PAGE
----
Hey Non-Technical Founders. Protect Yourself.

By Zach Kirkhorn

For a non-technical MBAs, one of the most intimidating and high-risk decisions is finding technical resources to build your web-based product.  Jessica Kim at BabbaCo described her troubles with development in the early stages with outsourcing and finding a technical cofounder.  Adam Metros at TripAdvisor asserted that there is no acceptable reason to lack basic technical skills.  And David Vivero at RentJuice learned to program MVP himself.  I’m a strong believer that any entrepreneur with a web-based business needs to learn the basics of programming.  I’ve spent much of my free time at HBS doing just that and wrote on this topic last semester (Stop Whining Learn to Code).

This year, a classmate and I decided to monetize our coding skills by building web app MVPs for our HBS classmates.  I want to share a few things I’ve learned working with non-technical teams, hoping that you will avoid those pitfalls in the future.

Lack of understanding of what’s possible:  Teams see fancy websites like AirBnB or Yelp and strive to replicate that quality and complexity for their launch.  They have inflated expectations on what can be built for a few thousand dollars in only a few weeks.
Lack of control of the product:  Without an understanding of what’s possible, teams are struggling to articulate what they want.  So we end up proposing to the team what we think they want.  After a 30 minute meeting, we’ve now become their VP of Product and are building the visions we have in our heads.
Lack of ability to evaluate developers:  Teams are trying to develop criteria to select prospective developers, but lack the knowledge to evaluate developers against those criteria.  So they end up choosing solely on the “do I like these people?” factor.
Lack of due diligence:  Only a few teams asked for links to our prior web development work.  Not a single team has asked us what functionality we’ve built into those sites and whether our experience in developing that site is relevant to their project.  Teams take our word when we say we’re qualified.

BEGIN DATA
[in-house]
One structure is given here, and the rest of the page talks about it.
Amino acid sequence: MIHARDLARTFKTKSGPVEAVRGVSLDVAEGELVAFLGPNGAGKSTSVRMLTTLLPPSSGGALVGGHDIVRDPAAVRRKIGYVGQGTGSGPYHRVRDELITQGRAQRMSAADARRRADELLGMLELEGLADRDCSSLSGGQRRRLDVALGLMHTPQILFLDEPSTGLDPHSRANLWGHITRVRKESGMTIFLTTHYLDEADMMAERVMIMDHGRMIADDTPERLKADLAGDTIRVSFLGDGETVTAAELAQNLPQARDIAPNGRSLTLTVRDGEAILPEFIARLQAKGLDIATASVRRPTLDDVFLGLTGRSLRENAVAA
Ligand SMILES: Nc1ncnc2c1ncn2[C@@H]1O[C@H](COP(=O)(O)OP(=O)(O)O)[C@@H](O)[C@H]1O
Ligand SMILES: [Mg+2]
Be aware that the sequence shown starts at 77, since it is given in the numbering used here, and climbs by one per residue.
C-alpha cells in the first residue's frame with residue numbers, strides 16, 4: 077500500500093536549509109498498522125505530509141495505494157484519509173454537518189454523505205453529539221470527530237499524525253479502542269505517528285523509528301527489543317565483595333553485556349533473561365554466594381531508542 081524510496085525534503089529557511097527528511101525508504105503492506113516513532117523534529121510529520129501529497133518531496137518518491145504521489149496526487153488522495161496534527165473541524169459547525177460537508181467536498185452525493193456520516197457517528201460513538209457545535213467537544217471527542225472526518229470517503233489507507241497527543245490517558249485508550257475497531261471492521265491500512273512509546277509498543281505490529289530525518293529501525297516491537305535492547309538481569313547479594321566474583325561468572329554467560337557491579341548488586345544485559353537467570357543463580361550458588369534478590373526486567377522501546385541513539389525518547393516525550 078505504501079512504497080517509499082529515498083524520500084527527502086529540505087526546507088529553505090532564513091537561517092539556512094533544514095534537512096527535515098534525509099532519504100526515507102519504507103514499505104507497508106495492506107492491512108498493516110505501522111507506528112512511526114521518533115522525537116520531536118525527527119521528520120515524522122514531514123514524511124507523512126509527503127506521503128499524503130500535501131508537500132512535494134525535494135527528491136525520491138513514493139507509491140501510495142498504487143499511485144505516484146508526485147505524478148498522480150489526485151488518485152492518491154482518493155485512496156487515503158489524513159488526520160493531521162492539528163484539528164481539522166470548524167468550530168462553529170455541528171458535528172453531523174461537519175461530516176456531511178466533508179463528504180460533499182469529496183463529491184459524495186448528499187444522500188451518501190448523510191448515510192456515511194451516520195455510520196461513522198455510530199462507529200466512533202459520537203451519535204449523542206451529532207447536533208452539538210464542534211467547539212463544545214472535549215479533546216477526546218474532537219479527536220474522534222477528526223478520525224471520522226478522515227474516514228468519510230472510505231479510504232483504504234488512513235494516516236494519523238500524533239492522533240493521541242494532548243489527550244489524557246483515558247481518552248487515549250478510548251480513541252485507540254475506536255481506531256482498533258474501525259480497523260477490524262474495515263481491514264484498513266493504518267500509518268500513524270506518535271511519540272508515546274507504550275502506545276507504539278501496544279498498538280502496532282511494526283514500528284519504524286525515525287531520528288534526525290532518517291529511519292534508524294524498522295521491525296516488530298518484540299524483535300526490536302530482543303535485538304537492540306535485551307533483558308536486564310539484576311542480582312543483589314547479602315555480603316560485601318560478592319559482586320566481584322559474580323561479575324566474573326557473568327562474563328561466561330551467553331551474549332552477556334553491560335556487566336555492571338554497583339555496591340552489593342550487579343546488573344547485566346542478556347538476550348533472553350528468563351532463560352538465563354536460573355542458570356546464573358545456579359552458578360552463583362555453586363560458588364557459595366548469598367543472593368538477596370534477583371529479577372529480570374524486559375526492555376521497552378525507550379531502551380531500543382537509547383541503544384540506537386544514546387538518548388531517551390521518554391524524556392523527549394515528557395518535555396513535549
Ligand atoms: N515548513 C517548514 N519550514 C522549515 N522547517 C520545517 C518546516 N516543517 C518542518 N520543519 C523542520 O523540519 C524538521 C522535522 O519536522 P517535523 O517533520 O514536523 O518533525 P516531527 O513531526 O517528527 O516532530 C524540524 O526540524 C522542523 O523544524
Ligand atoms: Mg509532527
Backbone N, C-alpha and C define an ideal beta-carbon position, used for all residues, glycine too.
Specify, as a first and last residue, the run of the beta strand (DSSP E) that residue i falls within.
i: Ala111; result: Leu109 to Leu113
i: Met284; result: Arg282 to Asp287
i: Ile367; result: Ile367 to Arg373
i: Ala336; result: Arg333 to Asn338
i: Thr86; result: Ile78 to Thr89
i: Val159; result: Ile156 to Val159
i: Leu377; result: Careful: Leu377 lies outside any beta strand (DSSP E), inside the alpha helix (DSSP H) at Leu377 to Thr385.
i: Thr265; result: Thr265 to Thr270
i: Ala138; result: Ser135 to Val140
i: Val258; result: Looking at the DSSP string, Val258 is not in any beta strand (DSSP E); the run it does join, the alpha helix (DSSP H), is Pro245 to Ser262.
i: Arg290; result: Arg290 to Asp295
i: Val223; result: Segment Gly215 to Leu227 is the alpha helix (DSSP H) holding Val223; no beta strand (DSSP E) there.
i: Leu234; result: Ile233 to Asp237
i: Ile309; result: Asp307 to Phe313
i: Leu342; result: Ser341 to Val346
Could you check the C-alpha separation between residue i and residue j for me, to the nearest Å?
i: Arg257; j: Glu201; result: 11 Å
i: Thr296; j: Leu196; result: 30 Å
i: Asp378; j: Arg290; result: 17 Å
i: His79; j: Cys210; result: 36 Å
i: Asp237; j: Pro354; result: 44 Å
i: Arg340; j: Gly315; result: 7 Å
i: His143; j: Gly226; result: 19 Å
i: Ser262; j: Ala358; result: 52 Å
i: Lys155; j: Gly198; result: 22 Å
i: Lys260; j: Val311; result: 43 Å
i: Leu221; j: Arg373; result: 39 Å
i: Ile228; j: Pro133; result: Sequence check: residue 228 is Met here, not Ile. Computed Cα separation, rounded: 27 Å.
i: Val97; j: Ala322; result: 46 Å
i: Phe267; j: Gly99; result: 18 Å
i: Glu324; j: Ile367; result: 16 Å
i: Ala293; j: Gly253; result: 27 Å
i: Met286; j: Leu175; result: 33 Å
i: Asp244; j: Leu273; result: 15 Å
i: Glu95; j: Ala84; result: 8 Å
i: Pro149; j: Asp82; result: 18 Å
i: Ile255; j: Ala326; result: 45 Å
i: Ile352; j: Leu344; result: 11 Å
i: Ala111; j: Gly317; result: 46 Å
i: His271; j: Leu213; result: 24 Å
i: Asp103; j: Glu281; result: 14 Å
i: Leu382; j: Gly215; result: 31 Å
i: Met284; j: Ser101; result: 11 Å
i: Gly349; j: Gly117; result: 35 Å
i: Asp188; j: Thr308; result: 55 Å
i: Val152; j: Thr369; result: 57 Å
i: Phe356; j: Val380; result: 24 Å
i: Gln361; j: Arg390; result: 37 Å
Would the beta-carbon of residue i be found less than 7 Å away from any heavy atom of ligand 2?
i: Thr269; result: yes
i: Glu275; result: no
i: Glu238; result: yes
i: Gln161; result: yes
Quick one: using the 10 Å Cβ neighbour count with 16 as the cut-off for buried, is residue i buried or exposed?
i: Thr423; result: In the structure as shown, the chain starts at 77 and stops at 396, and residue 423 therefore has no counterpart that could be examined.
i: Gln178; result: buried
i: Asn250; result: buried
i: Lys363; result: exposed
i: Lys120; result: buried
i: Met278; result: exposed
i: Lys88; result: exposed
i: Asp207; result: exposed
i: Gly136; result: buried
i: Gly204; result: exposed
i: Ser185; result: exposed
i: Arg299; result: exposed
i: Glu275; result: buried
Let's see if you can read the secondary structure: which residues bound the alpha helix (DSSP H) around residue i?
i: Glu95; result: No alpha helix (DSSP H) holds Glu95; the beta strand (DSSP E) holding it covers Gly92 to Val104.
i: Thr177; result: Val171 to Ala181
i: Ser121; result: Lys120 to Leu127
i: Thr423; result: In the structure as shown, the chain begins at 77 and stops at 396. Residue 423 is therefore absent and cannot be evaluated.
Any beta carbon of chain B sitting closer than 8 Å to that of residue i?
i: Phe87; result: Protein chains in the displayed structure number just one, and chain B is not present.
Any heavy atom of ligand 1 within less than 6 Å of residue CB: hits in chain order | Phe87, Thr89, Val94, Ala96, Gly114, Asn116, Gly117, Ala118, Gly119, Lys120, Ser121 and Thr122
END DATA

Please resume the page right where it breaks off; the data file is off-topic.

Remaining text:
Most founders will choose not to become technical and I understand all the reasons we tell ourselves that’s the right decision.  And that may be the right path, depending on what you’re starting.  But most teams are mismanaging the development process and are exposed to being taking advantage of.  Don’t worry - we’ll take good care of them.  But not everyone will be that generous.

The reality is that you need to protect yourself.  I can’t stress this enough.  Here are a few thoughts on how to do that:
Learn the terminology of coding:

·         You need to know what server-side and client-side mean. 
·         Familiarize yourself with server-side languages (e.g., Ruby, Python, PHP)
·         Familiarize yourself with client-side languages (e.g., HTML, Javascript, jQuery vs. AJAX, CSS)

Learn the basics of coding:  Spend a few weekends running through the lessons on CodeAcademy and W3Schools.
Learn how to communicate your vision to the developer:  Words are good.  Pictures are even better.  Use wireframing tools to unambiguously describe the layout of your website.
Own the code:  Signup up for GitHub and ensure that the developer saves their code to your GitHub repository.  You never know when you’ll need to take the code and find another developer.
Communicate regularly:  Set milestones with dates.  Track and review work.  This will prevent some surprises down the line, or at least alert you when it’s time to bail.
Contract locally and through connections:  While it’s possible to have success with international and unknown developers, I don’t believe it’s worth the risk.  Save yourself the hassle by finding a development team that’s local and recommended by someone you trust. 
Be on the lookout for a CTO:  In the MVP stage, hiring a CTO may seem like a long way away.  But that day will come eventually and likely sooner than you think.  Keep your eyes peeled for a CTO starting now, so you’re prepared when you finally decide to bring one on board.

And most importantly:
Find a technical mentor:  You need someone who can help you navigate through the technical aspects of building a web application.  There’s a lot to learn. 

You have the power to enable yourself to be successful from the beginning, so make sure you invest the necessary time to learn.  And remember that a great way to earn the respect of a developer is to show an interest and be knowledgeable about their craft. 
Best of luck!


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